Habitat: Grassy areas, mossy lawns, or along the edges of trails, always near trees such as oaks, cottonwood, willow, and basswood or linden.
Conservation Status: Not of concern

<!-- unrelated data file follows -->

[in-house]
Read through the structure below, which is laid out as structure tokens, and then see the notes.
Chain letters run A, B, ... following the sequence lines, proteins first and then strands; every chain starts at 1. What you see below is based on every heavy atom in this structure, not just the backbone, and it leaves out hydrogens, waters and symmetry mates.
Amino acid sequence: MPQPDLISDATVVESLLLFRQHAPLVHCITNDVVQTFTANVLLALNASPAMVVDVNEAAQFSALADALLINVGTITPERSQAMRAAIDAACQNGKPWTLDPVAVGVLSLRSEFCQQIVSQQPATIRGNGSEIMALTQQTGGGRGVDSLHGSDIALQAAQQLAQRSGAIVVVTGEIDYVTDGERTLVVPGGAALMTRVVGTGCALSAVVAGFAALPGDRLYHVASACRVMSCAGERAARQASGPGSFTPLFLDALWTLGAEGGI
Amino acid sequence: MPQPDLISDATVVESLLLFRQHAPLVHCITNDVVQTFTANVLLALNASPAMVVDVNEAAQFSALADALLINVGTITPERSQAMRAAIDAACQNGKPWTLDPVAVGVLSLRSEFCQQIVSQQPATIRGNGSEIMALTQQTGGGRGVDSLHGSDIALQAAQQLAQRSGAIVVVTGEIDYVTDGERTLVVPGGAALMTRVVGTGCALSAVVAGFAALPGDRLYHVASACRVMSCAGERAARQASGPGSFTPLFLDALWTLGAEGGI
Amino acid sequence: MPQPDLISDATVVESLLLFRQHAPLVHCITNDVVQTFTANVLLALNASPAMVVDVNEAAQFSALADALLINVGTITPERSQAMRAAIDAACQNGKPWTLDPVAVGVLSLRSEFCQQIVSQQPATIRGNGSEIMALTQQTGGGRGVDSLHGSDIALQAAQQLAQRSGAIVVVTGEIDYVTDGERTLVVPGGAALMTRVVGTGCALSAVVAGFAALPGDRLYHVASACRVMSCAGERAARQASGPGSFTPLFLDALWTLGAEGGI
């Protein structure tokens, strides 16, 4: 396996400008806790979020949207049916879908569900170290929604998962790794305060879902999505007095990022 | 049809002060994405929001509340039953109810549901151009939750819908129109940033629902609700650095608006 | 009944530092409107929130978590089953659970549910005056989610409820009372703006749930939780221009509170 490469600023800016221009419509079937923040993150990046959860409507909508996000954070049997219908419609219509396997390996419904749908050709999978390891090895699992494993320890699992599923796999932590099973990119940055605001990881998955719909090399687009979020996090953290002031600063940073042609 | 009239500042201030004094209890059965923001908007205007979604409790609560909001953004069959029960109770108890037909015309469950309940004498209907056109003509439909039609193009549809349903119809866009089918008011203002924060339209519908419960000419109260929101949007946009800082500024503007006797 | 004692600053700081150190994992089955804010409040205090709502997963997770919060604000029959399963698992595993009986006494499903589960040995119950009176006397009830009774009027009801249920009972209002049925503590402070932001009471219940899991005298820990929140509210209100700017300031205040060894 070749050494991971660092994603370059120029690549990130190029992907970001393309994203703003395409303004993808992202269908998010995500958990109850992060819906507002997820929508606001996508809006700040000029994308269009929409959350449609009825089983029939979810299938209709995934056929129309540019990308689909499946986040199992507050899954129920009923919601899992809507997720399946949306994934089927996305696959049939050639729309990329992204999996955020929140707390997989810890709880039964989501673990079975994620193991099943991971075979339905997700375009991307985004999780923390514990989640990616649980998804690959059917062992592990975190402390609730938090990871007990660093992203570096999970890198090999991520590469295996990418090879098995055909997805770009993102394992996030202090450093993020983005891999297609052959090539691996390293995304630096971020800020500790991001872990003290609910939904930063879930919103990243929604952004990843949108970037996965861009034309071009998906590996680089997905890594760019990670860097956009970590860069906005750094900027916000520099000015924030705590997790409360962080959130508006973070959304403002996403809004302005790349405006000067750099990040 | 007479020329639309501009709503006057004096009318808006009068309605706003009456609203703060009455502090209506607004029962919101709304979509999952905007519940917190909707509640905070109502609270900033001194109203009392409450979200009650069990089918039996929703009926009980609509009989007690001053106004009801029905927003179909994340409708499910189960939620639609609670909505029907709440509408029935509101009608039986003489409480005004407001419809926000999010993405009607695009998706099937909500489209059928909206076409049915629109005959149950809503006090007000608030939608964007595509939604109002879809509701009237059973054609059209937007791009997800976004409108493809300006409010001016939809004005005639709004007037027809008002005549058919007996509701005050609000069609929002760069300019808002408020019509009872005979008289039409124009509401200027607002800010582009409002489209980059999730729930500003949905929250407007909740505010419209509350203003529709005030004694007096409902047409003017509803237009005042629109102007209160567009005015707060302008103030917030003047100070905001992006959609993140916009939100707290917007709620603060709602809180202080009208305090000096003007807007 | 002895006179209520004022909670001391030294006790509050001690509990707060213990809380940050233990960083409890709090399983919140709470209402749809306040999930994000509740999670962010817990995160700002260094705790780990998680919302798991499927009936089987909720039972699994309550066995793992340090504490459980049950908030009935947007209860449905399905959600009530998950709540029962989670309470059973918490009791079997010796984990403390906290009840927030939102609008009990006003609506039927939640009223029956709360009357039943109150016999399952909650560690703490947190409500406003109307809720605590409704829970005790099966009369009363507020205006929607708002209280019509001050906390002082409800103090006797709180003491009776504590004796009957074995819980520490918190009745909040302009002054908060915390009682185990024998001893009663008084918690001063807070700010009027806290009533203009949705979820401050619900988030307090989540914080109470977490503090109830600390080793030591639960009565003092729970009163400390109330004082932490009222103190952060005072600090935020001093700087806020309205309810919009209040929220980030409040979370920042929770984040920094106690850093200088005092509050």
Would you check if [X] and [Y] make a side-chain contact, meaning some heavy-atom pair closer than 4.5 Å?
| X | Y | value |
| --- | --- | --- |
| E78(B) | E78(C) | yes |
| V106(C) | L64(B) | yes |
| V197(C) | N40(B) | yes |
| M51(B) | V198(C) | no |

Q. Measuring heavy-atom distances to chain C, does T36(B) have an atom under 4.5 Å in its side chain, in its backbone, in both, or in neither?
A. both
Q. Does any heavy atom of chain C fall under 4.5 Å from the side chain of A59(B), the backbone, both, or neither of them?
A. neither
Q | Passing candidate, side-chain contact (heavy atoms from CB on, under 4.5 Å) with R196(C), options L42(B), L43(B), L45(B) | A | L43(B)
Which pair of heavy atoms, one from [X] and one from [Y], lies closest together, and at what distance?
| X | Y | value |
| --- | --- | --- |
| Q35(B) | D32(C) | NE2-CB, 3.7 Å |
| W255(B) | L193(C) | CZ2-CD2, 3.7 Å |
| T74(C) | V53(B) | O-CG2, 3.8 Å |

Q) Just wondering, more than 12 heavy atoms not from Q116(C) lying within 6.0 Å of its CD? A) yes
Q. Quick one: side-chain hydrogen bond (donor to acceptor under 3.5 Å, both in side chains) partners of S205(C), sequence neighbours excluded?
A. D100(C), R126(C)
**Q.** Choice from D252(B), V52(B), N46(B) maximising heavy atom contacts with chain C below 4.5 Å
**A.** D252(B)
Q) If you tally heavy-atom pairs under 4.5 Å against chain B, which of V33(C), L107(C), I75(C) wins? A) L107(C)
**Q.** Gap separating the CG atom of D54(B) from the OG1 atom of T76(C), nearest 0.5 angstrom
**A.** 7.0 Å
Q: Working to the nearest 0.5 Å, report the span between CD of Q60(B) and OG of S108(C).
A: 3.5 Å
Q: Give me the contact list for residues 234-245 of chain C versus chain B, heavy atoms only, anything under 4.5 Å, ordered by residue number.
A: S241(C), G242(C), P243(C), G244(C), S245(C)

Boletus rubellus is one of several small to somewhat larger species that have in common reddish, dry velvety caps that often crack in age, tubes and pores that are yellow to olive yellow, stipes that are reddish but with some yellow at the apex or elsewhere, and flesh and tubes with a slight to stronger bluing reaction when cut or bruised. They are similar to B. chrysenteron and B. truncatus but are more brightly colored. The species in this group are very difficult to tell apart, and a number of different names have been used for them. B. coccyginus, described from California, fits into this group as does B. fraternus. There is a good chance that boletes in this group have been introduced into our area. They often occur during summer. Several of our PNW collections fit B. rubellus well in occurring in a park under lindens and having bright red cap and stipe, blue staining when bruised or cut, cap cuticle composed of erect septate hyphae with tapered ends and some encrusted walls, and thick-walled spores up to 12-13 μm long.